Volume 18: Voting in the 2004 Elections
VERA Classroom Activity Suggestions
Back in 1996, NELRC conducted the first Voter Education, Registration, and Action Campaign. We got lots of great feedback from teachers who participated in that campaign, including these activities that they did with their classes.
- Encourage students to register themselves and others from their families and communities.
- Hold a workshop for teachers/tutors/volunteers in your program on how to register to vote.
- Attend a local voter registration drive.
- Organize a program-wide Voter Awareness Night. Include information about how to register to vote in your state, give out registration forms and provide assistance in filling them out, set up an election booth so people can practice voting, invite guest speakers, and provide information on the candidates and questions to ask in choosing one.
Learn About the Voting Process
- Arrange a trip to the board of elections/town clerk to view voting machines and try them out.
- Hold a mock election (try to get real ballots from your local election committee).
- Openly discuss students' reluctance to vote, the obstacles they're up against, cynicism, and sense of powerlessness.
Learn About U.S. Politics
- Discuss different political parties in the U.S. and review their official Web sites.
- Invite different speakers to class from groups like the League of Women Voters, the secretary of state, or the elections commission. If you invite different political parties or candidates be sure to invite all who are running. Non-profit organizations can jeopardize their tax-exempt status by appearing to favor a particular political candidate. They can, however, take positions on policies, referenda questions, and issues. (See article on permissible voter education activities for a 501(c)(3) organization on the next page for more details.)
- Collect and analyze literature and ads from different political campaigns.
- Compare the U.S. political system to those of other countries. Start with your students' home countries.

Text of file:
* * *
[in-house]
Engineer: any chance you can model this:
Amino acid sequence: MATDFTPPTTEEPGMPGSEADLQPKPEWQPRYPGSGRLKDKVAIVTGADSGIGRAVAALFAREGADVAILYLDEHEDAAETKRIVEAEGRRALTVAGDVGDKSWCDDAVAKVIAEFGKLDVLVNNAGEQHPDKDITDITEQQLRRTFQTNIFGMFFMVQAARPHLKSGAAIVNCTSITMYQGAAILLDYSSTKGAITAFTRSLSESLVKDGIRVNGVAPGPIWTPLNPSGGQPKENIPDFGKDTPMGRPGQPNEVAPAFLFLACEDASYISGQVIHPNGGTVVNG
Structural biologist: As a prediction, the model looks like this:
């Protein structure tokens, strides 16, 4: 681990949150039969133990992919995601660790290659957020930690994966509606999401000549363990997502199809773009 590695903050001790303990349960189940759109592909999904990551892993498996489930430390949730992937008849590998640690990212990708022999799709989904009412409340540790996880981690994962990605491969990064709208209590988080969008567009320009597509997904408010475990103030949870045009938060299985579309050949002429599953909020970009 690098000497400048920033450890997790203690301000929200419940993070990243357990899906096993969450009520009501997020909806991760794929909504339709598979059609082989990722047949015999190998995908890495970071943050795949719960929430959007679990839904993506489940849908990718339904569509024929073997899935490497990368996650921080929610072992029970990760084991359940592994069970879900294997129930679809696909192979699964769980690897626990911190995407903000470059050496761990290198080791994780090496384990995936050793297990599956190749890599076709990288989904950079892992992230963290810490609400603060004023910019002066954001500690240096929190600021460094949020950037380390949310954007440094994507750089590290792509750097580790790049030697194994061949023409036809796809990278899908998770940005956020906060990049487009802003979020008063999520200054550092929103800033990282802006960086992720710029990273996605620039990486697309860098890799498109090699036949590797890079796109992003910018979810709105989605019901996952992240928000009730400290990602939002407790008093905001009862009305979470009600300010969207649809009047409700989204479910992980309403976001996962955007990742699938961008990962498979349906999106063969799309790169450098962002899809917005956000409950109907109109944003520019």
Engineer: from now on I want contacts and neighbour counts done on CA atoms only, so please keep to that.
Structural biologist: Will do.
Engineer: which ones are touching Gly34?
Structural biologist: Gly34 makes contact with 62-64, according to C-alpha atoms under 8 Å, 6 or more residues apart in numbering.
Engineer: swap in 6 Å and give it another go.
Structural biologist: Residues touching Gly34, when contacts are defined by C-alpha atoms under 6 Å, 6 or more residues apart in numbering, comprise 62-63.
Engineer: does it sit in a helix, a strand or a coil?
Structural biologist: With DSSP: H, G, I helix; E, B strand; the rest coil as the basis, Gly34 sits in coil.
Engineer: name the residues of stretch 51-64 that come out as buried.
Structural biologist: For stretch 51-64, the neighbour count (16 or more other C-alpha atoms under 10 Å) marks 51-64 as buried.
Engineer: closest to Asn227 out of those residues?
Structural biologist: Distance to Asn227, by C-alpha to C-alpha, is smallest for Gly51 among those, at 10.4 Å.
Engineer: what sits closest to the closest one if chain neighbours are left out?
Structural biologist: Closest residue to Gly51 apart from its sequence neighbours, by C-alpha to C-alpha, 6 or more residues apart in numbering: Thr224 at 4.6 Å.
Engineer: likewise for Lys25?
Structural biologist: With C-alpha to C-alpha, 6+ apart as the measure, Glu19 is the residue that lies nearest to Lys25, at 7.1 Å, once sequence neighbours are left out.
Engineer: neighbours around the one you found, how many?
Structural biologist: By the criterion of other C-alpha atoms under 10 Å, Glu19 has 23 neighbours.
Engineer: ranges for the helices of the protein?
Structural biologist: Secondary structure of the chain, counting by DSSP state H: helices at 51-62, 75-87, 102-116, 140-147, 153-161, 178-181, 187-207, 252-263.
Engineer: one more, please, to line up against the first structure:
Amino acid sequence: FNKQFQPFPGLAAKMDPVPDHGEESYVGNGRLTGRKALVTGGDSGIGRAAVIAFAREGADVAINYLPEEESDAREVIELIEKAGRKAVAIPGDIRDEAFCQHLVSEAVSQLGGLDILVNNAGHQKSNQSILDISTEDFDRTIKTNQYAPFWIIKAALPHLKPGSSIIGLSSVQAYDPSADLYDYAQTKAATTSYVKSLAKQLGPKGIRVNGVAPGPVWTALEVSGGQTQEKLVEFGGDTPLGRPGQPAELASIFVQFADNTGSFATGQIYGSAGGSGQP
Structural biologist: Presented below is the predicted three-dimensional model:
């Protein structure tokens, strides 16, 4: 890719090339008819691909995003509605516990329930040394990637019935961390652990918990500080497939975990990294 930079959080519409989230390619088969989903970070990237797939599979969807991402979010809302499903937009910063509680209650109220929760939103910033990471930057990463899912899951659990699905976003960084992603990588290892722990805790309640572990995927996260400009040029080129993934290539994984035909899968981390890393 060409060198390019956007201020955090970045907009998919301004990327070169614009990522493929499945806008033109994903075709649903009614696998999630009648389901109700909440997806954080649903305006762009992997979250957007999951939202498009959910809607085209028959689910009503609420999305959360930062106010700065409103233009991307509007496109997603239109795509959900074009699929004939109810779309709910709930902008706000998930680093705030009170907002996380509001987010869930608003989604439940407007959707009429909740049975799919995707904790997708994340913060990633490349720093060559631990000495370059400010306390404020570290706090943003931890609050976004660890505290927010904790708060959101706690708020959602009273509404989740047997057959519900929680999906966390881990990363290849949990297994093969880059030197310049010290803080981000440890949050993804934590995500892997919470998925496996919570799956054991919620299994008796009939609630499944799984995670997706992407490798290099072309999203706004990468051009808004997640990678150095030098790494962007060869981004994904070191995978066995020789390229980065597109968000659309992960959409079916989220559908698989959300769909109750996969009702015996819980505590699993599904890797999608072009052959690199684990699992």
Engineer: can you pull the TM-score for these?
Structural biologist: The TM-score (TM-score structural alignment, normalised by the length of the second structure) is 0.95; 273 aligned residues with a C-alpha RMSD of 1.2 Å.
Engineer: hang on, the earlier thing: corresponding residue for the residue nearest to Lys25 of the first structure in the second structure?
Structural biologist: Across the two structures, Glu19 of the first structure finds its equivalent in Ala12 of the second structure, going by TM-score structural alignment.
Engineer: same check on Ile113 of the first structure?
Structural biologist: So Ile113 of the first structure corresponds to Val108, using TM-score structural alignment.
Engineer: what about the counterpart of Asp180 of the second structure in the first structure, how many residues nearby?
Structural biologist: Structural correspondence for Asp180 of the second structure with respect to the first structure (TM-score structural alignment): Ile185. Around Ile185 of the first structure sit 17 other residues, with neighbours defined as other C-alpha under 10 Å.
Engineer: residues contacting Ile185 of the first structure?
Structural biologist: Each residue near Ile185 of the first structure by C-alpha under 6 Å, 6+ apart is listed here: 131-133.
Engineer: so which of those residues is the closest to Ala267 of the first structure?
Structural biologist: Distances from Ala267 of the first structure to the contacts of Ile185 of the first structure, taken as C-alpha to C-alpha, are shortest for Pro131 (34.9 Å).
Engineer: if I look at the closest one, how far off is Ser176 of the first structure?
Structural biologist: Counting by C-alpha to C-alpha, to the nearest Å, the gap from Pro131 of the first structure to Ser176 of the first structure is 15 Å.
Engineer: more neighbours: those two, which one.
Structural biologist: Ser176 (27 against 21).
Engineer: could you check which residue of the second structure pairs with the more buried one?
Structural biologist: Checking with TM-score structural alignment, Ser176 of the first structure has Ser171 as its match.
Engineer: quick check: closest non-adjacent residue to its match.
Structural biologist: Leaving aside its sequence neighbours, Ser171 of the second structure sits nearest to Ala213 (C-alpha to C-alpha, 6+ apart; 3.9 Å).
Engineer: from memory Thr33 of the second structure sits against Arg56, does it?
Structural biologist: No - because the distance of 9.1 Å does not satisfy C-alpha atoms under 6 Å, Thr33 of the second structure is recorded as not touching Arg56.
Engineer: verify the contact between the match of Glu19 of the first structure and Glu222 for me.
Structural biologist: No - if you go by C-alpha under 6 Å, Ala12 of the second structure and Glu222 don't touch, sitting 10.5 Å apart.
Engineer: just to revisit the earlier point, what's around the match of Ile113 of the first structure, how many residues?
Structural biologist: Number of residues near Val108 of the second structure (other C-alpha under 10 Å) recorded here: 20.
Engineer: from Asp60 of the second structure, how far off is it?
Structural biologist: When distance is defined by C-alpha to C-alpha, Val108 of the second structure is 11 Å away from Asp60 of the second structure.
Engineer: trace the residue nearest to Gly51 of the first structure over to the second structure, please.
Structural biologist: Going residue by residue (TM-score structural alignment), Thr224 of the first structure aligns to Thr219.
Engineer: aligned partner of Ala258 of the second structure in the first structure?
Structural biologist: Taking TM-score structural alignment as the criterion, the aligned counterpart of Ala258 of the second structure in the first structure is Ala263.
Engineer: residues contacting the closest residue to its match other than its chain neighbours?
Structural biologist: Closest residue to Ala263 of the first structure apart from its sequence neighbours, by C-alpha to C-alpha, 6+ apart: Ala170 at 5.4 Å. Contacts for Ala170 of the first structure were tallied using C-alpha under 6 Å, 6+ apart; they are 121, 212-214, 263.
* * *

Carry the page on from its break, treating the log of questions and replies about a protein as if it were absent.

- Make graphs of past voter turnout in your state, region, or local area. See the Web site of the Federal Election Commission http://www.fec.gov.
Study the Issues
- Watch a video about an issue important to students and discuss it.
- Have students or the class write letters to candidates about three issues that are important to them and describe what they'd like to see happen.
- Have students watch the presidential debates as homework and discuss them in class.
- Study political cartoons in class (See page 9 for tips on analyzing political cartoons).
- Create a bulletin board with newspaper clippings and comments about election issues.
Help Promote VERA/participation in elections
- Recruit other programs to participate in the VERA campaign.
- Have your class present information on voting and elections to other classes.
- Encourage your students to get to the polls on Election Day. Consider offering your Election Day class time as a time when your students can go out and vote.
Talk About Election Results
- Make a "Wall of Voters" in your classroom or building where you can put up the photos of all the students who actually voted.
- Make graphs of election results in your local area.
- Have students write about their experiences with voting and the elections in general.
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